Nebraska's Rural Economy Growing, Rural Bankers Split of Infrastructure Bill Impact

Nov. 19, 2021, 10:31 a.m. ·

Ernie Goss of Creighton University in a building with a staircase behind him.
Creighton Professor Ernie Goss is the head of the university's economic forecasting group. (Photo courtesy of Creighton University).

A large number of exports and low interest rates are driving robust growth for Nebraska’s rural economy, according to Creighton University’s “Rural Mainstreet Index” for October. Adversely, the ten-state survey of rural bankers continues to report supply chain concerns largely caused by truck driver shortages.

Ernie Goss is a professor of economics at Creighton and leads the monthly analysis. Goss said the infrastructure bill passed this week causes concerns for 30 percent of rural bankers, but others saw positives for the state’s rural areas.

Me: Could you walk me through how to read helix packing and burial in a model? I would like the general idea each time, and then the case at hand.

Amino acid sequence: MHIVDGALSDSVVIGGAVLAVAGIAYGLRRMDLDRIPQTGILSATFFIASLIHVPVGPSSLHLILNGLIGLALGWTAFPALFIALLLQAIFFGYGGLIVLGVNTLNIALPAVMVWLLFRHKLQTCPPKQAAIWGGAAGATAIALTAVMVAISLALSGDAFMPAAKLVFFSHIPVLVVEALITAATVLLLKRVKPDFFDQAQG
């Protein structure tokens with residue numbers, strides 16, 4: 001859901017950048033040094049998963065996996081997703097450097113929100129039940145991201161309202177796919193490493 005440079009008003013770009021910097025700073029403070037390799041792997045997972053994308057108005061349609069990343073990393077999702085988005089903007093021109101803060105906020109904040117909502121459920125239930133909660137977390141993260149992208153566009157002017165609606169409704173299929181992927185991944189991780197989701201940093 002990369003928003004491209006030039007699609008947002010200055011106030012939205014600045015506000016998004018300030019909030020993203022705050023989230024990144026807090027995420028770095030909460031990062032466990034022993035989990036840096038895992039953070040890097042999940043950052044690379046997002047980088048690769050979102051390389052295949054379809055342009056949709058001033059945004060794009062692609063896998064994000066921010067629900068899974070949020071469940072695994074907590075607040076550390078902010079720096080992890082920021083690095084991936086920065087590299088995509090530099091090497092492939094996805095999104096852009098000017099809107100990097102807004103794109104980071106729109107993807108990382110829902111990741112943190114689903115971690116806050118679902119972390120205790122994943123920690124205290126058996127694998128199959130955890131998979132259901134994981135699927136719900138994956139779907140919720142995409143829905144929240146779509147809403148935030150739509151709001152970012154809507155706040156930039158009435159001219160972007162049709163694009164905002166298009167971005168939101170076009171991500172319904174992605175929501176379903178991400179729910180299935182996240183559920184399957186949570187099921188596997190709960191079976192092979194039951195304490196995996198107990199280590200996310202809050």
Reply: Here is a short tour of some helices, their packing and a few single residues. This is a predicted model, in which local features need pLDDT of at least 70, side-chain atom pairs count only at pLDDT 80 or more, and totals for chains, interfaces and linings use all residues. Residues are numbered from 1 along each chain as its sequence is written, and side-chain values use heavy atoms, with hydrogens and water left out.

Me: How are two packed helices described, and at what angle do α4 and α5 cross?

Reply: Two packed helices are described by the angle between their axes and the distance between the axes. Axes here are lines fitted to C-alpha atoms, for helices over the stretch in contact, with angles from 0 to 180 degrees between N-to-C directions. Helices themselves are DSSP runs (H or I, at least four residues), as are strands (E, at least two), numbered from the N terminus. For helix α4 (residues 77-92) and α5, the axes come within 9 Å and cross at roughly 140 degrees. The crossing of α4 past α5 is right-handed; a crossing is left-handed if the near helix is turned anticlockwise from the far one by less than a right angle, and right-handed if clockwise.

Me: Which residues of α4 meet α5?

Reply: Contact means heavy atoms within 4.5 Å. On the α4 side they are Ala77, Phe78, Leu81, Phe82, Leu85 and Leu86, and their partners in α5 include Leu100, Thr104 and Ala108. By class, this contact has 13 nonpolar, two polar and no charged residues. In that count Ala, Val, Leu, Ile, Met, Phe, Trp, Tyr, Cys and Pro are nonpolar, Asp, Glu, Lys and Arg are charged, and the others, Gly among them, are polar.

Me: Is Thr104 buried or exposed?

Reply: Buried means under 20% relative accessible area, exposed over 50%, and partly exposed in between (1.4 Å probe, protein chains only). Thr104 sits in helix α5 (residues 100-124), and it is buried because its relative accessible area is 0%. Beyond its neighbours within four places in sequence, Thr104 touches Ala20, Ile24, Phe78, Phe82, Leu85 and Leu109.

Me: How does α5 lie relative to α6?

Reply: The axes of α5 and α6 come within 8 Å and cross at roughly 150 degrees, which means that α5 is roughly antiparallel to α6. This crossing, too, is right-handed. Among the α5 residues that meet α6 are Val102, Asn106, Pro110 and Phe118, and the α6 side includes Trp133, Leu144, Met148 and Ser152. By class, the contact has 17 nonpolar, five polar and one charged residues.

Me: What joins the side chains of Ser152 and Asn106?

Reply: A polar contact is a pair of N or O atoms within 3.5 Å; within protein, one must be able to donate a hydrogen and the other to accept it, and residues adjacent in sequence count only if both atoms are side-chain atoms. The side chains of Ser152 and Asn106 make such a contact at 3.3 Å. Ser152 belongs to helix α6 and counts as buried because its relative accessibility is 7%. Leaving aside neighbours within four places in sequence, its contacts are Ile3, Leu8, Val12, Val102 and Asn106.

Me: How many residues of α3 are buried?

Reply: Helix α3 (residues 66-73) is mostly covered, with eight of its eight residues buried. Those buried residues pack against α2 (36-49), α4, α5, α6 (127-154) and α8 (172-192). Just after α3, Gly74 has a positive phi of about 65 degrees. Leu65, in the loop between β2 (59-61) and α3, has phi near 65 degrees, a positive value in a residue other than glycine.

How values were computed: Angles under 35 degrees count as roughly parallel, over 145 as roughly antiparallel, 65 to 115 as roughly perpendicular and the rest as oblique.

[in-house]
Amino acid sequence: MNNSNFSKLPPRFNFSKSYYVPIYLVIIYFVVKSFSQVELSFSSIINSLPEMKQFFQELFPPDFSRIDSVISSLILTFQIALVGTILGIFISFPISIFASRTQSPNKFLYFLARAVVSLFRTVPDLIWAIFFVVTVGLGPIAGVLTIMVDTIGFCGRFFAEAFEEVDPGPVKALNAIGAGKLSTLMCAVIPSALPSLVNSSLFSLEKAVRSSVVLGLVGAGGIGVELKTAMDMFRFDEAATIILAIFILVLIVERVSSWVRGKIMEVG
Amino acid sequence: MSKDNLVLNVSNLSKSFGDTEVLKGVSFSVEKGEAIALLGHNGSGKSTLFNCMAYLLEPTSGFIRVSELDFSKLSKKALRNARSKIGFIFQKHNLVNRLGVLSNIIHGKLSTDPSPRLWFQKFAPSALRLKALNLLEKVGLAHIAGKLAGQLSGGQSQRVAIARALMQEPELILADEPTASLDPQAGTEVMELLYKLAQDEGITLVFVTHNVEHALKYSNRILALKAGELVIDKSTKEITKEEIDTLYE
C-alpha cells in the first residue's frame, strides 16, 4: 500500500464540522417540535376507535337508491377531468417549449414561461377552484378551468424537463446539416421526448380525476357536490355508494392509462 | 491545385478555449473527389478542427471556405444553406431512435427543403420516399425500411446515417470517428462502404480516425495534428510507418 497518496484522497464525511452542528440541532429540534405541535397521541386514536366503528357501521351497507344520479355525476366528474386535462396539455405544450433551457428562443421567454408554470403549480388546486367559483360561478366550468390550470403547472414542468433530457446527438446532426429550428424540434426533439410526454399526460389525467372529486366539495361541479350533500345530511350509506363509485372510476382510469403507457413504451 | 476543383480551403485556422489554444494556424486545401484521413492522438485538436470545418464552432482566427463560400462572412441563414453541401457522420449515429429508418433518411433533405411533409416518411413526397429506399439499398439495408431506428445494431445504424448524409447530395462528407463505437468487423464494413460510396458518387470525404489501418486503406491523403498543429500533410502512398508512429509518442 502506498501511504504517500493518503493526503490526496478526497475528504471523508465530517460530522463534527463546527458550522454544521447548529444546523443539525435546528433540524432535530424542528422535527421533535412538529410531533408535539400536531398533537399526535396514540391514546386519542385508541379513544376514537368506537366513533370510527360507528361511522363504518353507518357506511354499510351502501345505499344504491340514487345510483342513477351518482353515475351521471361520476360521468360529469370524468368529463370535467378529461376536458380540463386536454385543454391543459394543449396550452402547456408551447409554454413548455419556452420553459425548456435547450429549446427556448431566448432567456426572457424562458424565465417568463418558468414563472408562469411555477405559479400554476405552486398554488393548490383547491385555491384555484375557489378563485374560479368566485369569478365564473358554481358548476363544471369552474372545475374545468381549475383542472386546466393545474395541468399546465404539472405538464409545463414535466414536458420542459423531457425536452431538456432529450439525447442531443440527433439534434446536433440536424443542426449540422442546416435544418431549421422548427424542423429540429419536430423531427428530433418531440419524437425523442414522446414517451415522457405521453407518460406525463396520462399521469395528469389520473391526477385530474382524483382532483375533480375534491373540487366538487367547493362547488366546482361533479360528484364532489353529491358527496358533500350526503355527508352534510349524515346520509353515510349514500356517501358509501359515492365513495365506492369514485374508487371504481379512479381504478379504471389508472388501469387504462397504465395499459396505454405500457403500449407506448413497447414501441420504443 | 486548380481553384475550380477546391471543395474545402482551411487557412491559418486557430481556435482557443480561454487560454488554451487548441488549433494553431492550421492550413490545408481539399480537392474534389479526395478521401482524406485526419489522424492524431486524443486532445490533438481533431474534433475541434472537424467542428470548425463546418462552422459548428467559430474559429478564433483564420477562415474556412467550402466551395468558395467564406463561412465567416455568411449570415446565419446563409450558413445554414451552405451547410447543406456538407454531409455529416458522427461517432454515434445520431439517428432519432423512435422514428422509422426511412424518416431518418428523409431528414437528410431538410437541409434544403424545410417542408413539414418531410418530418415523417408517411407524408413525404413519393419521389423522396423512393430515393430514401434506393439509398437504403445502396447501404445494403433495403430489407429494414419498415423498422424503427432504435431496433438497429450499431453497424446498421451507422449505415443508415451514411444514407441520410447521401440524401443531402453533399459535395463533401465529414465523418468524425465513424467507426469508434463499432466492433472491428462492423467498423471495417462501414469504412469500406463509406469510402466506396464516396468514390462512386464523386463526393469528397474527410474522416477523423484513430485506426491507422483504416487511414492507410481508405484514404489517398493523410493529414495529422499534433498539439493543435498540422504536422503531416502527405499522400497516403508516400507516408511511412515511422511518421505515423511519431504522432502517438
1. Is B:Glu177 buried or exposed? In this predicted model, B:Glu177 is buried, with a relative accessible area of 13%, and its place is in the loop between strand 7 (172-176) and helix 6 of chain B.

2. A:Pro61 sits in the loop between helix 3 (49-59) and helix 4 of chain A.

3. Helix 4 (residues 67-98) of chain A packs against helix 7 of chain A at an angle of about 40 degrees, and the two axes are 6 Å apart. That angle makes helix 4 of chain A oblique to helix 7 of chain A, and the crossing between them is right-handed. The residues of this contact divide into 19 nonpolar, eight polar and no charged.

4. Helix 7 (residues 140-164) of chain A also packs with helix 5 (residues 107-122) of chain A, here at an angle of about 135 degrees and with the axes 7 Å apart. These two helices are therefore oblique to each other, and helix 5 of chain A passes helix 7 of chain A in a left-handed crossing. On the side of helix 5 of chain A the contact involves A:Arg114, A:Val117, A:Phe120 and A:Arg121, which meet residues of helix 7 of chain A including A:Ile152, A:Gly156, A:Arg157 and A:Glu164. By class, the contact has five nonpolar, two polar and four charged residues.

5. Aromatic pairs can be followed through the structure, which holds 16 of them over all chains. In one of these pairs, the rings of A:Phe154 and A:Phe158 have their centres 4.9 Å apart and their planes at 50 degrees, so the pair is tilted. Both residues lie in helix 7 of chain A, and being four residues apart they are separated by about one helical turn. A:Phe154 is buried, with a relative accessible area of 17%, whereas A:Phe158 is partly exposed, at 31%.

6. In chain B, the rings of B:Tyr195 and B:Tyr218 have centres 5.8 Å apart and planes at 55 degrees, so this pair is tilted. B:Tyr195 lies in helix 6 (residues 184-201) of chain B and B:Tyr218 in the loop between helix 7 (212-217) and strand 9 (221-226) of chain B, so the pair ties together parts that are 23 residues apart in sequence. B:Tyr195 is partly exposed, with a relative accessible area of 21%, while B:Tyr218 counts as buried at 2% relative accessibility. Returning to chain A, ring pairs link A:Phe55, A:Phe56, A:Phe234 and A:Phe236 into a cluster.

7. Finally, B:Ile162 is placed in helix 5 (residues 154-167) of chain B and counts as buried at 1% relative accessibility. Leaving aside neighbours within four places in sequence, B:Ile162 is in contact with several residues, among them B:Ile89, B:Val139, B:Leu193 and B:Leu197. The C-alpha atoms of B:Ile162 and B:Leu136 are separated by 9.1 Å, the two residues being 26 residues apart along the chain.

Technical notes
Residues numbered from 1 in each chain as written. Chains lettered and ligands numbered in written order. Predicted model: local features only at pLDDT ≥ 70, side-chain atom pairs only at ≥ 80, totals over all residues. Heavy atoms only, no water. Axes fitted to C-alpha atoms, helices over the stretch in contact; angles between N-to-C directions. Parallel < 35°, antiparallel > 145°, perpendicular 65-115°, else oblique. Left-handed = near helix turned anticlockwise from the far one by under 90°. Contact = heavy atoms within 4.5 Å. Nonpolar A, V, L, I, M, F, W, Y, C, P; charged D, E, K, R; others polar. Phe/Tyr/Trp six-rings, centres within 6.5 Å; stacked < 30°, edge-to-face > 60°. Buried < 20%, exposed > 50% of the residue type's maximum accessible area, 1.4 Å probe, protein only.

“More than one-fourth {of bankers} think high-speed broadband internet access will have a big, positive impact on the farming economy,” Goss said, “and for that matter, the rural economy in Nebraska.”

Overall, Goss said Nebraska’s gross domestic product, or GDP, has surpassed pre-COVID levels.

Non-farm employment increased recently in rural Nebraska by more than one percent. However, hiring issues persist in the hospitality and leisure industries. The Creighton professor said to expect hiring to slowly improve over the next few months.

Nebraska’s “Rural Mainstreet Index” increased by seven points to just over 74. A number of 50 or higher indicates a growing economy.